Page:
4. It was the only way I knew how to survive what we were facing. In some ways it hardly seems real.... I look at Michael in those photos, looking so happy, looking so healthy. It's still hard to believe that he is gone

    I often experience this feeling. There are a few photos of Don that I took just after he started his first line of chemo. At that point, the chemo did beat back the cancer quite well for a few weeks. Don gained weight and looked strong and well. However, that was for a fairly short time. Soon, the cancer was growing again. The next line of chemo didn't work at all and just made him sick and damaged his heart. I often think of how cancer damaged both of us. And now, sitting here on the bed, just a few minutes ago, I was looking at the canvas bag with his ashes and thinking how impossibly stupid it is that he isn't here with me -- that a disease turned such a strong, healthy man who took care of himself, into a bag of ashes. It's very weird, unsettling, and sad.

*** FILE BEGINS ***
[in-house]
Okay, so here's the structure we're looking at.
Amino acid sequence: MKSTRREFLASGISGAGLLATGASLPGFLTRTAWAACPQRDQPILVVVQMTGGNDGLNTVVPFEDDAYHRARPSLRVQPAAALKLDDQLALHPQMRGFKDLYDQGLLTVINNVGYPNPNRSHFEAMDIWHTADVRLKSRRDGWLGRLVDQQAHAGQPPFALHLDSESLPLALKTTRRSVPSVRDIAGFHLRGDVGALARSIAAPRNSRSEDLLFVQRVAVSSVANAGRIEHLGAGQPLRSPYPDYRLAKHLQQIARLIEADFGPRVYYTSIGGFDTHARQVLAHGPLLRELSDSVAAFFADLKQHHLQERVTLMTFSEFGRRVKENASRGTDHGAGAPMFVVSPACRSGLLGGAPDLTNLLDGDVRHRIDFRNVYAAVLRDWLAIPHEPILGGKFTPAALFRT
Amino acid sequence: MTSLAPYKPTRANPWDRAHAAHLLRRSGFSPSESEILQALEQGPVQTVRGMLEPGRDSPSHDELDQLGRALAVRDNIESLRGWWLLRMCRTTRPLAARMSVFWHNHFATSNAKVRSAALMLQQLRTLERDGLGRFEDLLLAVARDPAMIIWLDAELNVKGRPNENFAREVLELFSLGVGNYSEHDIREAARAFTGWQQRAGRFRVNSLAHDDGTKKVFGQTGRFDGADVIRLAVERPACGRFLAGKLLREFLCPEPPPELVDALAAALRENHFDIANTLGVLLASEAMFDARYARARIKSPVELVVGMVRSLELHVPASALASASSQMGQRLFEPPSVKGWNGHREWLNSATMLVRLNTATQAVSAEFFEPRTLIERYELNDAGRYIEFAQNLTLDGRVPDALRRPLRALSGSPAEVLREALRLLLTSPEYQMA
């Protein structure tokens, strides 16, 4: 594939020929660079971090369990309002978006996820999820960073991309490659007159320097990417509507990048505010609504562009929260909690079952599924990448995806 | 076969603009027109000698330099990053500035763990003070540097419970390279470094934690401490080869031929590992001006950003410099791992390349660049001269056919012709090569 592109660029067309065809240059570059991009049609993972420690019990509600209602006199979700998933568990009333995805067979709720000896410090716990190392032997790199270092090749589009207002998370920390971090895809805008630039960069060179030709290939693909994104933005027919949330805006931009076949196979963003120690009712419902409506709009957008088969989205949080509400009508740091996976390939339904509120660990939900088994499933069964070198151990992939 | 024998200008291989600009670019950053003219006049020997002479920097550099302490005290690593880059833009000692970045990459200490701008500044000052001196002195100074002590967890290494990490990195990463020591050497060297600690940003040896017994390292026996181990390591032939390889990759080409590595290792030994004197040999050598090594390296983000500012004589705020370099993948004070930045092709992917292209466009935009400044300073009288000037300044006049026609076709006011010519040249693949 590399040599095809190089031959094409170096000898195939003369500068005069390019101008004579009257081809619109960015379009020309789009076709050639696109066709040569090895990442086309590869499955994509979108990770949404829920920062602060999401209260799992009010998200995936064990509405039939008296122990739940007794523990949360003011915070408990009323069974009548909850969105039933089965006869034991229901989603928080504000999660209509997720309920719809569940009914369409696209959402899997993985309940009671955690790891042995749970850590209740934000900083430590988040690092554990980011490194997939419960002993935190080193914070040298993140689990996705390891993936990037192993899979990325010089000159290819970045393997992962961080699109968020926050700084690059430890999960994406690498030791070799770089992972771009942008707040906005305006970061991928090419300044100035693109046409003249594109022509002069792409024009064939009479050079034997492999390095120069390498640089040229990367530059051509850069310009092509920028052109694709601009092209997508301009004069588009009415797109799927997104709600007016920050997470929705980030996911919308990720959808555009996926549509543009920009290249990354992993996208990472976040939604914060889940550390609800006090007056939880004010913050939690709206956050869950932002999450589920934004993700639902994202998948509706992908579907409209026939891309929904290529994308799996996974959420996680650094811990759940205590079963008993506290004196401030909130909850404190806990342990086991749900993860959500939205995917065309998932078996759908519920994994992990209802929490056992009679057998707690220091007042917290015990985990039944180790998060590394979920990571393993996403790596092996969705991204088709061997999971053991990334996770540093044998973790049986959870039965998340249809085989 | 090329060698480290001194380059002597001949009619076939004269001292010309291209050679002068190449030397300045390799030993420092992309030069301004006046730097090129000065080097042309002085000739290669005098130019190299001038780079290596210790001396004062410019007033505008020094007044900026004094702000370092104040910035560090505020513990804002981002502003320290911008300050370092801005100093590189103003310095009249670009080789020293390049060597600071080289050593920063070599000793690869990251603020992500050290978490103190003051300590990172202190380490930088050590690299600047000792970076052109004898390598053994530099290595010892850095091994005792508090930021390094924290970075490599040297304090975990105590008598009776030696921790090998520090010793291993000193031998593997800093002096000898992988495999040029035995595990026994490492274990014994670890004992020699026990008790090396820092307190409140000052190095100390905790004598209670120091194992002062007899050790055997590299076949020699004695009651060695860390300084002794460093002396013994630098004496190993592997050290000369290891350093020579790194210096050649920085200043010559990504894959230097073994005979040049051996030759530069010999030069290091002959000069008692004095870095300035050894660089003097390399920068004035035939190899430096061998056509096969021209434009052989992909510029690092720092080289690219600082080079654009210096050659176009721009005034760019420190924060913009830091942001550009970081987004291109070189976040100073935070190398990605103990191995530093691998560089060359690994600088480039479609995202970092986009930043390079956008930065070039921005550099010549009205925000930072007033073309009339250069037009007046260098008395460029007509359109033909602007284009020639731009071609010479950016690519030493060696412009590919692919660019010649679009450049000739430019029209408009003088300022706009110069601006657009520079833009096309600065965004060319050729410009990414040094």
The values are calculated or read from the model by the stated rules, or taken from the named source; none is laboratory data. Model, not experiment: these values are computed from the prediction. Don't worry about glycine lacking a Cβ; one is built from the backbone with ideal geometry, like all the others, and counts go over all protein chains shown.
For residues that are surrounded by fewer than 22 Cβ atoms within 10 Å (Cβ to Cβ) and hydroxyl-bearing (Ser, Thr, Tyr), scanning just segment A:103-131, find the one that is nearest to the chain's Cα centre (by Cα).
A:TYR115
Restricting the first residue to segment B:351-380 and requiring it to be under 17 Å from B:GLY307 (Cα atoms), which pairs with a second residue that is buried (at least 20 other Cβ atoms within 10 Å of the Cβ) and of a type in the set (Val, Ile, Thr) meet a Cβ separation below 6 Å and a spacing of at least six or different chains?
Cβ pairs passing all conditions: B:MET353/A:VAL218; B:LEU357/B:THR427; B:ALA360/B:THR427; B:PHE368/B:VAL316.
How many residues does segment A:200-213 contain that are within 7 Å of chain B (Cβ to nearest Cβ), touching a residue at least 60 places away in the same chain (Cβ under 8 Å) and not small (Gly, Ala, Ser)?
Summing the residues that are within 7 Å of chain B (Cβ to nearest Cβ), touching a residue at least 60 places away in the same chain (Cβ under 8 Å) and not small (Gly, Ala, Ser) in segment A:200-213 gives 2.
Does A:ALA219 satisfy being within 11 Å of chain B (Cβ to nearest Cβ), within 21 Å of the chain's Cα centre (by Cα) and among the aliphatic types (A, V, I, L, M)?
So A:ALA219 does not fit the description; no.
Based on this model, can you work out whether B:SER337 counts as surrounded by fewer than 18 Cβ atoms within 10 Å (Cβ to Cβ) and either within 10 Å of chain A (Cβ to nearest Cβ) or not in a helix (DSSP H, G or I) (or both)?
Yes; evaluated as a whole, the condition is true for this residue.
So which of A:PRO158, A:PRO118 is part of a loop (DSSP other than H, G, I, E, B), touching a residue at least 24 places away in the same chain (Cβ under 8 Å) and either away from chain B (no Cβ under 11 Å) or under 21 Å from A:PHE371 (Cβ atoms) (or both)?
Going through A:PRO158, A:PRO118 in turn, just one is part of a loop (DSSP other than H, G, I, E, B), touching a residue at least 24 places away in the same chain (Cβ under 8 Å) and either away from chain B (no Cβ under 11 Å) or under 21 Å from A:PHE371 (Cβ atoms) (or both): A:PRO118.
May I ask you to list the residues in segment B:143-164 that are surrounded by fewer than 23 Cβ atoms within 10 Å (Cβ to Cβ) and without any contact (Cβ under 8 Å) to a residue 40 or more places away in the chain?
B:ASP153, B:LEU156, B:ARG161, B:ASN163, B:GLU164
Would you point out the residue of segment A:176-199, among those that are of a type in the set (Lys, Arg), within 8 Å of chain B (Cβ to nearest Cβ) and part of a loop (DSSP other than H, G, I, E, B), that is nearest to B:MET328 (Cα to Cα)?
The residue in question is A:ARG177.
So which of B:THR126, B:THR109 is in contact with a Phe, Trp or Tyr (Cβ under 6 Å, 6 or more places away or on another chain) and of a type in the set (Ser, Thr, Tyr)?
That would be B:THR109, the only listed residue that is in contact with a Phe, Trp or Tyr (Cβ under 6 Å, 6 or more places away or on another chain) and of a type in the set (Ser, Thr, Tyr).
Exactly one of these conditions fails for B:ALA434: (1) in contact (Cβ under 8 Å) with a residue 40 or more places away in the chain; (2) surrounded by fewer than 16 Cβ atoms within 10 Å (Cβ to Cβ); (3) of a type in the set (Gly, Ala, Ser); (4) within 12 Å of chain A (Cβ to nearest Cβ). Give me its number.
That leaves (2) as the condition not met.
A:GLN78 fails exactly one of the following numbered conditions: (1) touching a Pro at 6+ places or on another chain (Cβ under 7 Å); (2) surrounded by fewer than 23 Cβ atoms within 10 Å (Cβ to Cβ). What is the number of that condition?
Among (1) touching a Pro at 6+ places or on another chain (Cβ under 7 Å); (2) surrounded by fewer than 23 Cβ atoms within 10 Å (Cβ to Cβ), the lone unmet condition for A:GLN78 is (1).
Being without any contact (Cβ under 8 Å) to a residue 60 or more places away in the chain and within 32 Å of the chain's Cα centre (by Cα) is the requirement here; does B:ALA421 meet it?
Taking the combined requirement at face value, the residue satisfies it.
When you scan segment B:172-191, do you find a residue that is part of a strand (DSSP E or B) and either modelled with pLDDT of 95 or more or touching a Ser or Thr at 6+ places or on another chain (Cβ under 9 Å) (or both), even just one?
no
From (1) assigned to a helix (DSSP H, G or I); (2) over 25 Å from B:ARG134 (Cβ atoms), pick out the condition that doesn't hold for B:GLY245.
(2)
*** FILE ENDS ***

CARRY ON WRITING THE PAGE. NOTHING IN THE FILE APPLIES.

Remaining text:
Your experience at Tommy's reminds me a little of going to a favourite little whole food store that Don and I often shopped at on our way home from hiking or canoe trips. There is such a strong connection between that place and our many wonderful trips together, that I found it difficult to go there after Don's death. A couple of weeks after his death, a friend and I went for a drive and stopped in to get a couple of things It's kind of an alternative store - a bit peace and love kind of place in a town that's like that. Joni Mitchell's "Carey" came on the radio while I was walking around. It was never our song, but I think maybe something about hearing it reminded me of a time when we were both young, but that I'm was still here, but he wasn't - and that was something very unfair about that. My friend noticed that I was having a hard time being in the store and gave me a hug. I had to leave soon after. I've moved out of the area now - for many reasons - but partly because I can't take all of these intense reminders and memories anymore. Too tired of it all. That probably sounds like a cop-out, but going back to the hiking trails and other places Don and I loved so much is almost like picking at a wound. Time to explore new places and look for hiking trails and paddling routes I've never seen before. Not everyone has the luxury to do that though.. and I've had to give up a lot to be able to do so. I'm not sure if it's the best way. Maybe just better to keep going to the old places until they begin to feel comfortable. Maybe.